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Old 10-29-2012, 05:41 PM
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Default indicator

ok guys,
i fish tailwaters for trout in east tennessee. usually fish 2 nymphys or midges with a indicator. is there any general guidelines for correct spacing, i know it depends on water depth, but i am looking for some general guidline??? spcaing between nymphs? spacing to indicator?
help-----
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Old 10-29-2012, 07:21 PM
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Default Re: indicator

Generally (unless the water is rather fast or slow) I start with 2x the depth of the water so the nymph will drift near the bottom, fast water more than 2x, slower water, less since without much current the nymph will hang closer to vertical beneath the indicator.

I usually fish a weighted nymph with a more emerger type trailing about 15-18 inches behind. This lets the second nymph float up from the bottom a bit and have good movement. That's just me
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Old 10-29-2012, 08:44 PM
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Default Re: indicator

How deep are you fishing, and how fast is the water moving? Is it really slow-moving water (as in, painfully slow, long, drag-free drift- type tailwater)? If so, I would just go 1.5x the depth, maybe even just a hair less (only did this in Arkansas the few times I've fished there, or on the Guad in TX)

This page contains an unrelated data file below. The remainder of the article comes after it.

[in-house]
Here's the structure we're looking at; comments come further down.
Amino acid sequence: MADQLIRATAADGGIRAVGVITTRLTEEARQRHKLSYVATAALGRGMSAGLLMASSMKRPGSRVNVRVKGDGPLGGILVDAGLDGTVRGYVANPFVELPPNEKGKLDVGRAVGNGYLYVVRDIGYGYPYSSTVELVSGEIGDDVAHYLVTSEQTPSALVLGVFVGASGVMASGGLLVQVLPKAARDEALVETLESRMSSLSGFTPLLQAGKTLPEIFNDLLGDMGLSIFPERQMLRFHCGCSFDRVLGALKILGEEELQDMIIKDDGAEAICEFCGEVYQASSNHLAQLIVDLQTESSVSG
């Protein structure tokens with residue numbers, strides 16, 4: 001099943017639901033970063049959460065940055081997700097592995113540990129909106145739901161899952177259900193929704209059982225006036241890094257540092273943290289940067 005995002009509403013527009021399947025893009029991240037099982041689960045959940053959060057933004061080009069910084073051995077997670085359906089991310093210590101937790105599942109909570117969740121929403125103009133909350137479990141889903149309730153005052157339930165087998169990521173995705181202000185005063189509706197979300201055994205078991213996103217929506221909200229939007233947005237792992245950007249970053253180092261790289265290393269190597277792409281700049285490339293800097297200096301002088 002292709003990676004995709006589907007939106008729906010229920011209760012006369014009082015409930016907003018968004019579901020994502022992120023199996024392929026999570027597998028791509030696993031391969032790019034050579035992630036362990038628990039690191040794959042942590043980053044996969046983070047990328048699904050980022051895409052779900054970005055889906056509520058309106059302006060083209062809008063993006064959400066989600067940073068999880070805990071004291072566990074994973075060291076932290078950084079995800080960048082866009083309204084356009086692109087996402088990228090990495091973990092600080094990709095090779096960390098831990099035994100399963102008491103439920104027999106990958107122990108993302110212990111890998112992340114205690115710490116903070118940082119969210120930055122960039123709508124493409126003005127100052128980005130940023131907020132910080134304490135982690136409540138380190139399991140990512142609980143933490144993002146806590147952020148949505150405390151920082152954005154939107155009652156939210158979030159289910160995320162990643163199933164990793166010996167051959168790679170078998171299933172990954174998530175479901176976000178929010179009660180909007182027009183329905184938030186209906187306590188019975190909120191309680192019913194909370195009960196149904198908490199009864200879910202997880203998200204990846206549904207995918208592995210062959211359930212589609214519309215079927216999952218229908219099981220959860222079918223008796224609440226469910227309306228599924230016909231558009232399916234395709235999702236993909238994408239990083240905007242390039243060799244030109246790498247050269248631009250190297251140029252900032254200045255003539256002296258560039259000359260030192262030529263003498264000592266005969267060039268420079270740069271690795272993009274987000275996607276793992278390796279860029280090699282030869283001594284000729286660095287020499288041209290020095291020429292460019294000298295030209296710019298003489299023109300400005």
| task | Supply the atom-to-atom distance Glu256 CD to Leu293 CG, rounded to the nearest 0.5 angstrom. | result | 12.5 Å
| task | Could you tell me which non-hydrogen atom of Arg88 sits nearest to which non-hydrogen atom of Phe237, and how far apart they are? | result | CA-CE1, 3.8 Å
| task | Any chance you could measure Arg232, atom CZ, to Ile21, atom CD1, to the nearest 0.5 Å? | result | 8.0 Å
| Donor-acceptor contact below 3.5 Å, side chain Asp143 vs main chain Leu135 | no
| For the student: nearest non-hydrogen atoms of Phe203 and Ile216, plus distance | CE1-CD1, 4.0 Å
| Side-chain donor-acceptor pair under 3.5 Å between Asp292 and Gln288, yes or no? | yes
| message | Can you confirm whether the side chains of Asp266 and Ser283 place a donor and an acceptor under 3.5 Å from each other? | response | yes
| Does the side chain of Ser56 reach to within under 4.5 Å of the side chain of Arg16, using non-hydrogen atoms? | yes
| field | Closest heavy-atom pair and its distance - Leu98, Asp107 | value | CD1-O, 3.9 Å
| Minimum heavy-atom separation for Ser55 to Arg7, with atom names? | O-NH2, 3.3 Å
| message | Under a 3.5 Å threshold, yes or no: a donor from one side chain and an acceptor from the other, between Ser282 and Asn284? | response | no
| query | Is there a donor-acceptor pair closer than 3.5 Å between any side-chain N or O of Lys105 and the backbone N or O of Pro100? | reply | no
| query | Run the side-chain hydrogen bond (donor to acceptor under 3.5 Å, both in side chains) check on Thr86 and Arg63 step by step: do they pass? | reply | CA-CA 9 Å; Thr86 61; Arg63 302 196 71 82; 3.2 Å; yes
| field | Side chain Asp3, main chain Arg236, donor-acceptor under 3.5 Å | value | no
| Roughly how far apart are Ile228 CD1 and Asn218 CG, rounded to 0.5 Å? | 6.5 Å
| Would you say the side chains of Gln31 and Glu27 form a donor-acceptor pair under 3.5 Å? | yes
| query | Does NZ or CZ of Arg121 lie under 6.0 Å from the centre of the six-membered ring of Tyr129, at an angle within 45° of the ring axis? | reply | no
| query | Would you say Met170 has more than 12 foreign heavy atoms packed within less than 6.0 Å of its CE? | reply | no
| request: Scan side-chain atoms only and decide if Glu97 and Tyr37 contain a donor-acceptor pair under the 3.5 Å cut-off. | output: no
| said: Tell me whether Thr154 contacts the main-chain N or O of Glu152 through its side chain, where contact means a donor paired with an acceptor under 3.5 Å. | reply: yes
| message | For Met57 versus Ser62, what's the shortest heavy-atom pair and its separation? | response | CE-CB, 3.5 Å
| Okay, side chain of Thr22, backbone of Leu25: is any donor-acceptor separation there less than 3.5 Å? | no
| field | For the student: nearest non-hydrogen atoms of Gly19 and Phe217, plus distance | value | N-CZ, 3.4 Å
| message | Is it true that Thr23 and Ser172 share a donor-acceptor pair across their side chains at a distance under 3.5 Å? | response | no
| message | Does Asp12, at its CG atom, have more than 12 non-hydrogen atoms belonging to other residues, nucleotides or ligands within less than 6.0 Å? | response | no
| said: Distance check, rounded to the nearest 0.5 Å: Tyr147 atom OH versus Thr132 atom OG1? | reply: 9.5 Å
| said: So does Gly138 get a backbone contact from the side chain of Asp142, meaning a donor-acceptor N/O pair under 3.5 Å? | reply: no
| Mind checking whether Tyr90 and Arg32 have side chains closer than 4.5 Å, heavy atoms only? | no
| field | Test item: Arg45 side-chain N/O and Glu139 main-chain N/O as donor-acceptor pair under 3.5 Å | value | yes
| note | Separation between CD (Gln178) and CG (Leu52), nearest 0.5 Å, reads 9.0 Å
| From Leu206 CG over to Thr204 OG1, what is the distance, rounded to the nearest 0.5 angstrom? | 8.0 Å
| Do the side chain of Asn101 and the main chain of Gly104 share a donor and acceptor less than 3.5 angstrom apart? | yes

I was in SW CO a couple of weeks ago closing down my folks' place for the winter, and fishing there this time of year was the exact opposite of how I would fish in, say, the Little Red in Arkansas, the Guad here or the Blue in OK (Blue being the closest trout fishery to my current locale).

William is pretty spot-on with that advice, and variations come with specific applications. I might throw an unweighted nymph about a foot behind some tung shot (I quit lead and felt) and another off of that one . If your shot gets hung up on the bottom, try rolling some tung putty on your line.

I like weighted nymphs in slower stuff, a little more of a direct connection. I don't feel like it matters as much in faster water and use shot more often, unless its a dropper, in which case I almost always use a beaded or weighted nymph (unless its a trailing emerger), though it just depends on which flies I want to use.

I guess there's just no short answer, just like everything else in our sport... Just listen to William, apparently I'm not good at the whole brevity thing
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Old 10-30-2012, 10:07 AM
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Default Re: indicator

Here's a little blurb on setting up a nymph rig. Rigging for nymphing - YouTube

Remember, in a typical nymphing situation, you want the weight hitting bottom with the bugs suspended above the weight in the column. Obviously, a heavy dropper nymph will tumble on bottom as well, but your goal is to have the weight on bottom too.